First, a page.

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We all know about the Eiffel Tower, the Tower of London, and the remains of the Roman Empire scattered across Italy and beyond. But for travelers looking to experience something a little different, it can be tricky to sidestep the tourist traps and hordes of people looking at the same old sites. Here is a guide to lesser-known destinations across Europe, offering a more intriguing travel experience.
The Alfama is the old quarter in the city of Lisbon, an area full of baroque churches, castles and monasteries built around a web of narrow streets and passageways. The name is taken from the Arabic word al-hamma, meaning ‘hot springs’, illustrating the roots of the area in the period of Islamic rule on the Iberian Peninsula. The Moorish Castle of Sao Jorge peers down over the Alfama area, which also contains the Museum of Decorative Arts, housed in an opulent 17th century townhouse. Other sites worth visiting are the Cathedral of Lisbon, and the Monastery of Sao Vincente de Fora, in which royal tombs can be found.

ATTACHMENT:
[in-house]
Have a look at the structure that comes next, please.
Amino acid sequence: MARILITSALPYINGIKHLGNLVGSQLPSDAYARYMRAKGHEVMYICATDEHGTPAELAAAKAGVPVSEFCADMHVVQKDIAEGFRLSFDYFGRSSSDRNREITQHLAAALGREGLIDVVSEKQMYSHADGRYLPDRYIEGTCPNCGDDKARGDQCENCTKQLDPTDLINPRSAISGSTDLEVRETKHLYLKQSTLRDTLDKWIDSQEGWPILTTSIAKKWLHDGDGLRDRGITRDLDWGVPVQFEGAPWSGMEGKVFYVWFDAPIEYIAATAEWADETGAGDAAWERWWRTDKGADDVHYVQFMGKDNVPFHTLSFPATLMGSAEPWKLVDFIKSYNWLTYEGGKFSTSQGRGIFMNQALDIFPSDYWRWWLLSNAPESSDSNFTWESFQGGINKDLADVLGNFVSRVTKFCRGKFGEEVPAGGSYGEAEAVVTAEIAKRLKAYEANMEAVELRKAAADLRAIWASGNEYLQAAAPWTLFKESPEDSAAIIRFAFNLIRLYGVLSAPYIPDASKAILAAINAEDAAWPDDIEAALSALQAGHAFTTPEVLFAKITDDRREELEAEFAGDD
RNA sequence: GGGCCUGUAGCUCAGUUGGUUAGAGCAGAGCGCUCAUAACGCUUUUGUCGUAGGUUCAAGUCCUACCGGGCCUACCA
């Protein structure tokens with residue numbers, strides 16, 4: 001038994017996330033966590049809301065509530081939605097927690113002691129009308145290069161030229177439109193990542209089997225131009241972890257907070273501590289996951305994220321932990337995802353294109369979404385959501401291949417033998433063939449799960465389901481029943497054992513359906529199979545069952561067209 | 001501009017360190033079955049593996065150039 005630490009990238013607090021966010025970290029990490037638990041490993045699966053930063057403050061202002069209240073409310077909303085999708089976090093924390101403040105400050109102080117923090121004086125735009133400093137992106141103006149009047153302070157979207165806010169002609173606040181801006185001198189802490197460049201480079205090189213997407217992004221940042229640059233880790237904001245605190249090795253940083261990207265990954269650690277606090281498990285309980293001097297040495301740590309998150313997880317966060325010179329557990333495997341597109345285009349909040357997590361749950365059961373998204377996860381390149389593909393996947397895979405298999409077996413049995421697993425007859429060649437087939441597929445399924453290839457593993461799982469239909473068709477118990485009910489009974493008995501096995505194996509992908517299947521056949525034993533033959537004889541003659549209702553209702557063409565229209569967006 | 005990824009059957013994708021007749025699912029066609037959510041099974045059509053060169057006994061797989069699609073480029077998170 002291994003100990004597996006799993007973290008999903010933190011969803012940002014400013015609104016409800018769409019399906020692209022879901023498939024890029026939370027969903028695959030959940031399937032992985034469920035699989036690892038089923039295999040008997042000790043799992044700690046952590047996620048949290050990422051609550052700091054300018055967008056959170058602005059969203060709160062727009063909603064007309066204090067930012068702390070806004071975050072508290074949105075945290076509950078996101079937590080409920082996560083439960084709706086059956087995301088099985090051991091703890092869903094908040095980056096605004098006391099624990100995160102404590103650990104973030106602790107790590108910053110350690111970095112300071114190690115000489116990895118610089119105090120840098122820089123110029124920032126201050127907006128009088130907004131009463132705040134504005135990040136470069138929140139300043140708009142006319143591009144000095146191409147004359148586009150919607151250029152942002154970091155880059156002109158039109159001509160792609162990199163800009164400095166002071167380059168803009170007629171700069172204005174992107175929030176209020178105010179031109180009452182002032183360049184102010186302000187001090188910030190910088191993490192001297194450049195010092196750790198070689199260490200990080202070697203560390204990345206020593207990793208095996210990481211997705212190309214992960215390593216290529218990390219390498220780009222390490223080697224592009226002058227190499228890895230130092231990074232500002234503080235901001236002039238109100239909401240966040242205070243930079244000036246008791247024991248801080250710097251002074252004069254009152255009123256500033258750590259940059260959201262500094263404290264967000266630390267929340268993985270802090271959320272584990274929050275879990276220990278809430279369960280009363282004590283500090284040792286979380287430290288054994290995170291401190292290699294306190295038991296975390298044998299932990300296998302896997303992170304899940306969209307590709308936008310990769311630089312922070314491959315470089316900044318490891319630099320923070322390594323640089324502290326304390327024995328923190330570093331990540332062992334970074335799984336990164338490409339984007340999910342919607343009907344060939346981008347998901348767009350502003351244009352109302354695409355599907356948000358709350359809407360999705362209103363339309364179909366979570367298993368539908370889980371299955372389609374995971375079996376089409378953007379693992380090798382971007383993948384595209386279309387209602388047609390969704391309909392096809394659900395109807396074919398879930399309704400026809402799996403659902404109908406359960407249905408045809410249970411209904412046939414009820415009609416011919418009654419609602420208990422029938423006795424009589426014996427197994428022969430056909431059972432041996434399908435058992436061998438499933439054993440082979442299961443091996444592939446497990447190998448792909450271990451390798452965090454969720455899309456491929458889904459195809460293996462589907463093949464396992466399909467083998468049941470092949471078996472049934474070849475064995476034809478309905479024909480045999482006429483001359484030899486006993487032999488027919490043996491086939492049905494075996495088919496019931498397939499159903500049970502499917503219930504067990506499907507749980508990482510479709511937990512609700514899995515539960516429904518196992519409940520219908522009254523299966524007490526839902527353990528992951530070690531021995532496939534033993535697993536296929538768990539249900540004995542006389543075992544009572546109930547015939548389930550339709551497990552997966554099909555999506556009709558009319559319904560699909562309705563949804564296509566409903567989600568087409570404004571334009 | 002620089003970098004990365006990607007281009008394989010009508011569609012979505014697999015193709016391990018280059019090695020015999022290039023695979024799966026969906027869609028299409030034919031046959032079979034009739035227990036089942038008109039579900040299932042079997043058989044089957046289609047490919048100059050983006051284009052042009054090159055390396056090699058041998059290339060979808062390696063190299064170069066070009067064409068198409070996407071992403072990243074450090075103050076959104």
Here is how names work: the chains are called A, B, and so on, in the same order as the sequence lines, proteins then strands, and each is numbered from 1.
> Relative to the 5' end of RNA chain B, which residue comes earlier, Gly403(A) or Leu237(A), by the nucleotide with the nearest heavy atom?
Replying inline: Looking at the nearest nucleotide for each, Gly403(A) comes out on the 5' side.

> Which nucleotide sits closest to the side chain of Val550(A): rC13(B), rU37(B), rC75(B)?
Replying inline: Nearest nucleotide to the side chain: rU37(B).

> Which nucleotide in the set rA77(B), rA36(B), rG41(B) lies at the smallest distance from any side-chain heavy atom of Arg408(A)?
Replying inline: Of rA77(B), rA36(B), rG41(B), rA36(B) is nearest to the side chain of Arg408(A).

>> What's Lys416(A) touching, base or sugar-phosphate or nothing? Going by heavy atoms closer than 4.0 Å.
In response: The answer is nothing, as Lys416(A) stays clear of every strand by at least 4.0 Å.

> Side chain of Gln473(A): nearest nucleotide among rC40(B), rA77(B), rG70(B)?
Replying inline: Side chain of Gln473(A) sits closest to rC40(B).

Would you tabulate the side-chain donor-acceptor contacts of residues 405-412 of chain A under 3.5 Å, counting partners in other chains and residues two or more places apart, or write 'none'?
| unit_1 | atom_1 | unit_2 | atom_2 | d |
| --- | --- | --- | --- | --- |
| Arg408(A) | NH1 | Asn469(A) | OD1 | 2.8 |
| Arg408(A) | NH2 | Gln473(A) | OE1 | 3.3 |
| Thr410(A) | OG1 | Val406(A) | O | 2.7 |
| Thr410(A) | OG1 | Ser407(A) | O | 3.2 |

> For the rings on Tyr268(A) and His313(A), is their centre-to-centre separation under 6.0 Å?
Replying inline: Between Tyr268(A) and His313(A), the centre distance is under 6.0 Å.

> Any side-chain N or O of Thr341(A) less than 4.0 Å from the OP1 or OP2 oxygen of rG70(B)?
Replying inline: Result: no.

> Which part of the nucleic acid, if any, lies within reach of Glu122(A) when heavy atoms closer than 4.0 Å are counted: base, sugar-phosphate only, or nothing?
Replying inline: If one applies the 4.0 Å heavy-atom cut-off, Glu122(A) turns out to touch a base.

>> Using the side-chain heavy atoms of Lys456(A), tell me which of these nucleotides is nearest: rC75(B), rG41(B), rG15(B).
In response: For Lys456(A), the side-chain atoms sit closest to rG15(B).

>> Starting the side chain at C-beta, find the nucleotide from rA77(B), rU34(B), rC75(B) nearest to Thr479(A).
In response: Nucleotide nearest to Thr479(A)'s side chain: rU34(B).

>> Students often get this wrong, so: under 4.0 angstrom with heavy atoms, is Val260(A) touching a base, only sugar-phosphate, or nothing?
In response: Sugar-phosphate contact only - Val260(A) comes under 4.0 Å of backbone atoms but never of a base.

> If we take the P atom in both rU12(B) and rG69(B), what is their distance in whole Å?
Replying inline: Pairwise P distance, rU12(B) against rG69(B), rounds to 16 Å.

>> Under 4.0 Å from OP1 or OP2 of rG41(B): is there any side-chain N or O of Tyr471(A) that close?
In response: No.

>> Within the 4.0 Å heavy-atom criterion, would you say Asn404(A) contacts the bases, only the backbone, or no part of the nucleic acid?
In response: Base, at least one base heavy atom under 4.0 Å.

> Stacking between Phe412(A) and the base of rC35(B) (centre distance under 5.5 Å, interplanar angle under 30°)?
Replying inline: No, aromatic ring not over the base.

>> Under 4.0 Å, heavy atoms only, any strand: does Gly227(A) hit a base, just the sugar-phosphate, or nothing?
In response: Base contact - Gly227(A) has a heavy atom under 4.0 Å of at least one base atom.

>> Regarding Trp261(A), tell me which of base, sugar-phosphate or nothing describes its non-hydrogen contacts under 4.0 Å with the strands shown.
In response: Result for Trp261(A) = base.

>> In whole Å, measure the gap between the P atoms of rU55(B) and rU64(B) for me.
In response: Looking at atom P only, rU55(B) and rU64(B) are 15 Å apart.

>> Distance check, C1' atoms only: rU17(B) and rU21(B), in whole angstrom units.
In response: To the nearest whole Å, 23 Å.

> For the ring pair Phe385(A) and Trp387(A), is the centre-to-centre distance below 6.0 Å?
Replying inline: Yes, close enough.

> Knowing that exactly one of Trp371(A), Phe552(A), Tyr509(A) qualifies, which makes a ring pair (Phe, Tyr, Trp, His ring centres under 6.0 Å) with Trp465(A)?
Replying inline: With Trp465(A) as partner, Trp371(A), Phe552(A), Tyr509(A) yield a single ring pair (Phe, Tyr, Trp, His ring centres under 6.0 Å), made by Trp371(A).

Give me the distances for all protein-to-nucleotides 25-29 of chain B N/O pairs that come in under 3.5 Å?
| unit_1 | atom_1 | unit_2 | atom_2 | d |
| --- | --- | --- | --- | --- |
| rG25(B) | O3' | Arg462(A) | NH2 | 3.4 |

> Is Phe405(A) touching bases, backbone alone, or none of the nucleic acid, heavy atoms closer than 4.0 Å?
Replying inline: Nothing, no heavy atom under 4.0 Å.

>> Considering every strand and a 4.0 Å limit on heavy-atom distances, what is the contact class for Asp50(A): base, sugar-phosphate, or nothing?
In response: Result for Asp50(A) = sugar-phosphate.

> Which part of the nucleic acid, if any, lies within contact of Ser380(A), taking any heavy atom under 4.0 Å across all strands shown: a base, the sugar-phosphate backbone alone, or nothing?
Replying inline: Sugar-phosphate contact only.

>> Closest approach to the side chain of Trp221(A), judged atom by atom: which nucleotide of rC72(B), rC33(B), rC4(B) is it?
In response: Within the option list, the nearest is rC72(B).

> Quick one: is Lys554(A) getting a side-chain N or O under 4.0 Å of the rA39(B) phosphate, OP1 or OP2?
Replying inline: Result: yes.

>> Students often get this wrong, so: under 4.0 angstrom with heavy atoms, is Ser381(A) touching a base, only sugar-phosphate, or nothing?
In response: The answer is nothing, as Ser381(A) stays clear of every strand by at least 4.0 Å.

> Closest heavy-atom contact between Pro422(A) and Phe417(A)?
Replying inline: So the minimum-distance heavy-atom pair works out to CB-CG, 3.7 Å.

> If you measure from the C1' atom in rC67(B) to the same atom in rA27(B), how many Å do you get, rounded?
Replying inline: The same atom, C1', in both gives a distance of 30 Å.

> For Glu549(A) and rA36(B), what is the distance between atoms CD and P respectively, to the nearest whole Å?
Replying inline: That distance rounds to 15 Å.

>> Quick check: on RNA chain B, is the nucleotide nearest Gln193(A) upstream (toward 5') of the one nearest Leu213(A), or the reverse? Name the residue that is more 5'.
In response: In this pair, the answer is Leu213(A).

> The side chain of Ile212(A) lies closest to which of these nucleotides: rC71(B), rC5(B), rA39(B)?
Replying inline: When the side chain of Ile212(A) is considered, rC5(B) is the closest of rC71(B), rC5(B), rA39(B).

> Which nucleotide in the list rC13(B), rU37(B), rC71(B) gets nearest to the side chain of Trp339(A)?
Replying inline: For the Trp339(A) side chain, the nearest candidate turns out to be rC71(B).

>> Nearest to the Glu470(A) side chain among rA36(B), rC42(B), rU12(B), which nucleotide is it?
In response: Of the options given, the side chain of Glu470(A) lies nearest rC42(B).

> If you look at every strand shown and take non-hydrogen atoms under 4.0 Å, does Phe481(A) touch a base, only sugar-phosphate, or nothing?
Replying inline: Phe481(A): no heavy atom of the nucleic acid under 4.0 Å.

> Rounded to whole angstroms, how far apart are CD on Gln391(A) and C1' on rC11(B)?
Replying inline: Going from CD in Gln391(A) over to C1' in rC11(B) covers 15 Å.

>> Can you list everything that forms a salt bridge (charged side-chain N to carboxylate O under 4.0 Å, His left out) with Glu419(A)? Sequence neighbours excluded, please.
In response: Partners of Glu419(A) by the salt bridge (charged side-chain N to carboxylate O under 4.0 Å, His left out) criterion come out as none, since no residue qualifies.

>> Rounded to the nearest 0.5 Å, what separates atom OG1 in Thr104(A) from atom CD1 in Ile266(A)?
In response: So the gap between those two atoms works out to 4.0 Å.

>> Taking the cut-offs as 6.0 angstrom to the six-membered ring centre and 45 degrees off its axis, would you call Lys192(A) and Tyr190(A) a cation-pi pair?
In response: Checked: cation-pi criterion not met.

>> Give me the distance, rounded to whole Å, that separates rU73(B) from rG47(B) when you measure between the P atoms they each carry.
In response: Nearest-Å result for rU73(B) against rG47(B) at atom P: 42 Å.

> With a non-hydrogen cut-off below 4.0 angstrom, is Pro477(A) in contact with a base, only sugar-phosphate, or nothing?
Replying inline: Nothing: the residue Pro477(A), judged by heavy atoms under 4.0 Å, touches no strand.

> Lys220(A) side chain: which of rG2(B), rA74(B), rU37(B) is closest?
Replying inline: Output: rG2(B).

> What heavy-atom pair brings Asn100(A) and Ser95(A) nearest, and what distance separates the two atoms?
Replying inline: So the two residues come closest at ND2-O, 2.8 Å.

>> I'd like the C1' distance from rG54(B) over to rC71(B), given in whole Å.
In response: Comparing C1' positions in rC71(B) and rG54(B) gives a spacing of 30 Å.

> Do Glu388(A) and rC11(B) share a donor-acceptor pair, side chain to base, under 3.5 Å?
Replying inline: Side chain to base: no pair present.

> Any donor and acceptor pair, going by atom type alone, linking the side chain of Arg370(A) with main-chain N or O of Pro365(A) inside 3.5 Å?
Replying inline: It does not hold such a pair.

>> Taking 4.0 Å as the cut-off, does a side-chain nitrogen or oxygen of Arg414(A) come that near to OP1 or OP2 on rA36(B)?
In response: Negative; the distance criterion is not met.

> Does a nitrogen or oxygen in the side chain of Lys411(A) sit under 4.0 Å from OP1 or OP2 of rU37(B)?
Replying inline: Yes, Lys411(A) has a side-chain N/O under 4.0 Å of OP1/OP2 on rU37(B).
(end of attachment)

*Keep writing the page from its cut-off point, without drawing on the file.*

The Romantische Strasse runs through the German regions of Bavaria and Baden-Württemberg, taking travellers through the most picturesque and unspoilt towns of Germany. The route was once an important trade route that linked the northern and southern regions of Germany, and runs through towns including Augsburg, Würzburg, and the medieval walled cities of Rothenburg ob der Tauber, Nordlingen, and Dinkesbühl. As the road winds its way south it comes to the Bavarian Alps and the spectacular folly of Neuschwanstein, the Wagnerian castle built for the mad Ludwig II of Bavaria.